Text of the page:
Although the research demonstrates that both the midfoot and heel strike pattern have essentially the same amount of impact forces, the forces encountered in a midfoot strike are spread over a greater amount of time.
If we look at the graphic, we can see that a heel strike pattern has two force peaks, while a midfoot strike has one peak that is broad. The broad peak pattern for a midfoot strike means that the foot has more time to absorb and dissipate these impact forces.
With the appropriate foot strength and an altered foot strike pattern, these runners may experience less overuse injuries. Because this type of runner has a history of an injury, I always encourage them to work with a barefoot running coach to ensure that the strike pattern is correct!
The New Runner
The final runner, I recommend or encourage to try barefoot running is the new runner. With no bad habits from years of shod running, this runner is like a blank canvas.
All new runners should work with a barefoot running coach who can assess their running gait, give them tips for perfecting the strike pattern and create a program to follow as the runner increases their mileage.
Remember that a balance of foot strength and foot mobility is key to injury-free barefoot running. Make barefoot strengthening a key component to your barefoot running program and end each run with myofascial release to the bottom of the foot and lower leg. A great product I recommend for daily use is the Foot Baller from TP Therapy. (www.tptherapy.com)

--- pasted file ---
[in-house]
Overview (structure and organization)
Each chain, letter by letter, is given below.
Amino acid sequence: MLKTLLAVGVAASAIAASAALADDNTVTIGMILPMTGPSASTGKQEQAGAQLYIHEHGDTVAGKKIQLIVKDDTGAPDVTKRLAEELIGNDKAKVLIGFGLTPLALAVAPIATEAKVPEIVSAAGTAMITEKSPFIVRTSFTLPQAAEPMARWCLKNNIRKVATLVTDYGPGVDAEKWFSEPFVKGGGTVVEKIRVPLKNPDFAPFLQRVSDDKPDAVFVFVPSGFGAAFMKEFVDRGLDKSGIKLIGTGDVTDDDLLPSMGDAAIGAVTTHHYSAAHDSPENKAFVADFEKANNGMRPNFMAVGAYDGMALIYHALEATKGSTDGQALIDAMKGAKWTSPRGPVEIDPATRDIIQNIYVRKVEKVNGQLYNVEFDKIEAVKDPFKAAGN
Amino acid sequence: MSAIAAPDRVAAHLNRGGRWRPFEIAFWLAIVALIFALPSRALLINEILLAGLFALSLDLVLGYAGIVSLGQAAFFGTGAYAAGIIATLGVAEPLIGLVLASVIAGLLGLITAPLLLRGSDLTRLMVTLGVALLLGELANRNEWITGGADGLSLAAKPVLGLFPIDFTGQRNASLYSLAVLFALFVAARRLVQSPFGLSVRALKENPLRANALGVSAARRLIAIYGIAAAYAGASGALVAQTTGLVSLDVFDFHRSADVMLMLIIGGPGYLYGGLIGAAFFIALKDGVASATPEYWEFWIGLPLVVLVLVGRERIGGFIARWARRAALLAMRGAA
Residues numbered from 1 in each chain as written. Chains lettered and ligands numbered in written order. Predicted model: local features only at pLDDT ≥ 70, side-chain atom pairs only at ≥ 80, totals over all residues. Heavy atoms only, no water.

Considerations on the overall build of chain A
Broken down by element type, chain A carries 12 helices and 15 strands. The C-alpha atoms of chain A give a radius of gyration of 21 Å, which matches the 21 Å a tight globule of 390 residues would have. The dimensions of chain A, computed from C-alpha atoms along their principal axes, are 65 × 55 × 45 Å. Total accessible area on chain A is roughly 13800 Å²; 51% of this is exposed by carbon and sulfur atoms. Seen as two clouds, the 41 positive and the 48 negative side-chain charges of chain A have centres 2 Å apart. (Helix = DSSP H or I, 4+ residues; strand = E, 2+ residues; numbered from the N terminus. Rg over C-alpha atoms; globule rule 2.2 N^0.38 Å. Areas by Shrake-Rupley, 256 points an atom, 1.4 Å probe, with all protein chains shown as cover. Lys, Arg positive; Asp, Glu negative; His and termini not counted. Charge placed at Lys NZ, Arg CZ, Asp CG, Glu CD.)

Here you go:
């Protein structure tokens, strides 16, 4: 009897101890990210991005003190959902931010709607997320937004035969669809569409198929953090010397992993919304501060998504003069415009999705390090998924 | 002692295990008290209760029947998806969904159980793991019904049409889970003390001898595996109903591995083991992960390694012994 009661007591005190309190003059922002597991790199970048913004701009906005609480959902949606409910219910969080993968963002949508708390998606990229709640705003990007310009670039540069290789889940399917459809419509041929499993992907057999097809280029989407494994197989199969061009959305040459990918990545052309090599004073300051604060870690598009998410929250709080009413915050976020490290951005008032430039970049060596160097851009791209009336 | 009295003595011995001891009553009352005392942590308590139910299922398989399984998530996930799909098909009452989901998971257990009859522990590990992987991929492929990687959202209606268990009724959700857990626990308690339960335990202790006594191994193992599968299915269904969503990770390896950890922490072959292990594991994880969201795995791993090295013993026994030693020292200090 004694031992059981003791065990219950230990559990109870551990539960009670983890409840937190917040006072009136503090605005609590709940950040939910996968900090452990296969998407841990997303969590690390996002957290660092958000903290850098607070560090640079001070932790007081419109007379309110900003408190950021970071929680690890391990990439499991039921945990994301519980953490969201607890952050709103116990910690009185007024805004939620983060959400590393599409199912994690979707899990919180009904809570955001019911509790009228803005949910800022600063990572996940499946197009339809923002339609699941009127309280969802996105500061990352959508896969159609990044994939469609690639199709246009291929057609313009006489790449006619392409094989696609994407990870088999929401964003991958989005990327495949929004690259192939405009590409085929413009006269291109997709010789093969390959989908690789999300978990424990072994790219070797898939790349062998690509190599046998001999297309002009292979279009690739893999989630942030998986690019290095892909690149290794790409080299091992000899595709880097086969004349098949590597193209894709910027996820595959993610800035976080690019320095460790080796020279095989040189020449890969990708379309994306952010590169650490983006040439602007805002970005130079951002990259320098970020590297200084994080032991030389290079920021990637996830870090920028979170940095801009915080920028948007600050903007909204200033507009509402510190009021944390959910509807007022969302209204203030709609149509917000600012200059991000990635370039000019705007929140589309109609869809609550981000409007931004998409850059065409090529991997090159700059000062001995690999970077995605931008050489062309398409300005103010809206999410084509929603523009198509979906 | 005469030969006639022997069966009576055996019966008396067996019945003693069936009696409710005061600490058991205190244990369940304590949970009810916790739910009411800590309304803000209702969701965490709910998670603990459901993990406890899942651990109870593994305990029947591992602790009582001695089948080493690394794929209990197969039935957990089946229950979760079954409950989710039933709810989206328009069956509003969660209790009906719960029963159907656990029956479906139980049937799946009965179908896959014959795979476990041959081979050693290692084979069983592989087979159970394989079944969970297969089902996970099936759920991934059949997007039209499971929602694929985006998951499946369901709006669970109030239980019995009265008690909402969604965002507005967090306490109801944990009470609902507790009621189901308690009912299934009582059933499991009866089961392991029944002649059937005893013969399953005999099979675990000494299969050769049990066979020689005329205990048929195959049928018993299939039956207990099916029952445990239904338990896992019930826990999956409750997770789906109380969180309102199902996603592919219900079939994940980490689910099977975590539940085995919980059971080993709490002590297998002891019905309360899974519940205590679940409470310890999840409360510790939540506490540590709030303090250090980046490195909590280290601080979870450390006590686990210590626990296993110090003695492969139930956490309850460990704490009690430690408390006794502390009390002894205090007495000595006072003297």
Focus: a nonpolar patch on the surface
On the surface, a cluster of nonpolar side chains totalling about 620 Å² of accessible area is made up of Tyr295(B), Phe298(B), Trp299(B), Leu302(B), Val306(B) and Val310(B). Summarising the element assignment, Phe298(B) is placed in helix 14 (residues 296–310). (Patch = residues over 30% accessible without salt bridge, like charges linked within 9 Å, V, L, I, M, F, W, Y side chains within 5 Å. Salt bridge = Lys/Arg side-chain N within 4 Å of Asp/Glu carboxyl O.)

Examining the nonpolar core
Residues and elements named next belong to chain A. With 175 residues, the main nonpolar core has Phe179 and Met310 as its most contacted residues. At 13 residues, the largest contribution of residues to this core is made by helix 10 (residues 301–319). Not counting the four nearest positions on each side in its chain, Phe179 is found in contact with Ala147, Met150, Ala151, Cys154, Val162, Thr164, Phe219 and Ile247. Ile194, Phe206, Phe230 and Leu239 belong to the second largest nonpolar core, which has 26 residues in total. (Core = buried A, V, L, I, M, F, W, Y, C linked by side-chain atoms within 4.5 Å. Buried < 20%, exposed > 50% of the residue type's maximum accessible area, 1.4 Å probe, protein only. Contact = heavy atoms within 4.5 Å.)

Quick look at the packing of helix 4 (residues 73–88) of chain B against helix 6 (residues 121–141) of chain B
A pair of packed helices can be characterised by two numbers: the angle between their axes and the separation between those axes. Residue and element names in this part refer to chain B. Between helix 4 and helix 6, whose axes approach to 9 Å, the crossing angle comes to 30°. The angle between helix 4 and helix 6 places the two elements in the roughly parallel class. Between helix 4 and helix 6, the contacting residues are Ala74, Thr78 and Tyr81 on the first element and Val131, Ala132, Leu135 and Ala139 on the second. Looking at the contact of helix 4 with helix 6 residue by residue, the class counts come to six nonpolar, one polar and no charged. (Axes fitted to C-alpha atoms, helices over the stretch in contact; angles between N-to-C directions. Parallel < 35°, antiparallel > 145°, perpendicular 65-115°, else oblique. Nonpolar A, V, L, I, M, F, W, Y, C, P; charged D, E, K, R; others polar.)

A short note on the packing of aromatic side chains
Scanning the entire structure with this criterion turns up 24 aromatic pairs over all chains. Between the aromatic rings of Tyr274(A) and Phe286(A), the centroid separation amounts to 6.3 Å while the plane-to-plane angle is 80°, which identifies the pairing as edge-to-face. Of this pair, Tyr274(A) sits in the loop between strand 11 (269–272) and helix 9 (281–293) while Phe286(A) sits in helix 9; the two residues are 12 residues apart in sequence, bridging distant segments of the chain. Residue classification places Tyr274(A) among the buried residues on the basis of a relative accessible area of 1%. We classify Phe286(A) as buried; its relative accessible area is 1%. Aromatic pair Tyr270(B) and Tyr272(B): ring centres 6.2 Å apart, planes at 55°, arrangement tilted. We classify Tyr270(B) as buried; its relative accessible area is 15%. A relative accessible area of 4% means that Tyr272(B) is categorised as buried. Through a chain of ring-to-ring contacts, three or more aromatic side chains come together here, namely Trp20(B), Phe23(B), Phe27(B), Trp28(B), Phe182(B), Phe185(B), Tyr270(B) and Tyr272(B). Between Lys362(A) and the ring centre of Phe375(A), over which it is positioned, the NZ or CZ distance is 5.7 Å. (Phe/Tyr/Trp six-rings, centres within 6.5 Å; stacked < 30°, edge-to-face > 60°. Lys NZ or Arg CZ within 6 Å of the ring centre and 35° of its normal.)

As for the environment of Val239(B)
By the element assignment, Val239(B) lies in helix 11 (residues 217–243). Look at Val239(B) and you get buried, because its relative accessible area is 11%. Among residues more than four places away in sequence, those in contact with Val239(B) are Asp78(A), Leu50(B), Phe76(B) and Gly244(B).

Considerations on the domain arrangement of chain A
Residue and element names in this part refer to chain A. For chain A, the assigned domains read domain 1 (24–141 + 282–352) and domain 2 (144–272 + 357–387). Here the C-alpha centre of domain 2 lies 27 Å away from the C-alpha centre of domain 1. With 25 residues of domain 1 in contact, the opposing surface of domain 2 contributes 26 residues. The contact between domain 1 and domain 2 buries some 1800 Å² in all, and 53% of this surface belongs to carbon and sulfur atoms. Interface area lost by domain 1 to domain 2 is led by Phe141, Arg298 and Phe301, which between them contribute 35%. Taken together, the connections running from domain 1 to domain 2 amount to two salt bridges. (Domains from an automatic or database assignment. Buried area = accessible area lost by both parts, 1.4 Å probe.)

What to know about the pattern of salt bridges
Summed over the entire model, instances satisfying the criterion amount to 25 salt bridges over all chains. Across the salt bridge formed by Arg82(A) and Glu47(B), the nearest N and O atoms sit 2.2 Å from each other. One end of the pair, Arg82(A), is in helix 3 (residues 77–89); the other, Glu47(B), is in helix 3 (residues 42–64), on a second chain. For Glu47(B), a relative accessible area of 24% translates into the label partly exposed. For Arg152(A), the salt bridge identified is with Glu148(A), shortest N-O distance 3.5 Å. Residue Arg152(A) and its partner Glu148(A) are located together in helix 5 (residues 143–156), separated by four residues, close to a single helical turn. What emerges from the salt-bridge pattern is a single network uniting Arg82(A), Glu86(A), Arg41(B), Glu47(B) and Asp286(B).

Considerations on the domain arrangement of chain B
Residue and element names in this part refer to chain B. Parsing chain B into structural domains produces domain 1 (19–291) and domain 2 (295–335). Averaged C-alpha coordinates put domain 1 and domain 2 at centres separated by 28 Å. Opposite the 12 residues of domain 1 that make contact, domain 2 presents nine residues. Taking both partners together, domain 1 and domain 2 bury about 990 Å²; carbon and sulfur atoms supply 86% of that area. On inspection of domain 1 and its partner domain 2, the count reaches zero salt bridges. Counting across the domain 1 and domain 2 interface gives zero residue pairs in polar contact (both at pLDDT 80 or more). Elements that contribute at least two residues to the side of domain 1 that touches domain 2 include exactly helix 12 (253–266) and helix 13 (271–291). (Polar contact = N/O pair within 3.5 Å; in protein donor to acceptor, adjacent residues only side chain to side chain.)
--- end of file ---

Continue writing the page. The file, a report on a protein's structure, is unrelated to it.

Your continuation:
To find a barefoot running coach near you, I recommend visiting www.vivobarefoot.com
Dr Emily Splichal, DPM, MS, CES
About Dr Emily Splichal
Dr Emily Splichal, Podiatrist and Human Movement Specialist, is the Founder of the Evidence Based Fitness Academy and Creator of the Barefoot Training Specialist Certification for healh and wellness professionals. With over 11 years in the fitness industry, Dr Splichal has dedicated her medical career towards studying postural alignment and human movement as it relates to foot function and barefoot training.
Dr Splichal actively sees patients out of her office in Manhattan, NY with a speciality in sports medicine and biomechanics. Dr Splichal takes great pride in approaching all patients through a functional approach with the integration of full biomechanical assessments and movement screens. Dr Splichal is actively involved in the correction of movement dysfunctions as it relates to sports injury and frequently performs manual therapy techniques including joint mobilization and trigger point release.
Dr Splichal is actively involved in barefoot training research and barefoot education as it relates to athletic performance, injury prevention and human movement dysfunction. Dr Splichal has presented her research and barefoot eduction both nationally and internationally. As a frequent contributor on the EBFA Fitness blog (www.ebfafitness.com) and webinars, Dr Splichal readily makes her content accessible to therapists, coaches and runners.
Previous article: Preventing Overuse Injuries in Runners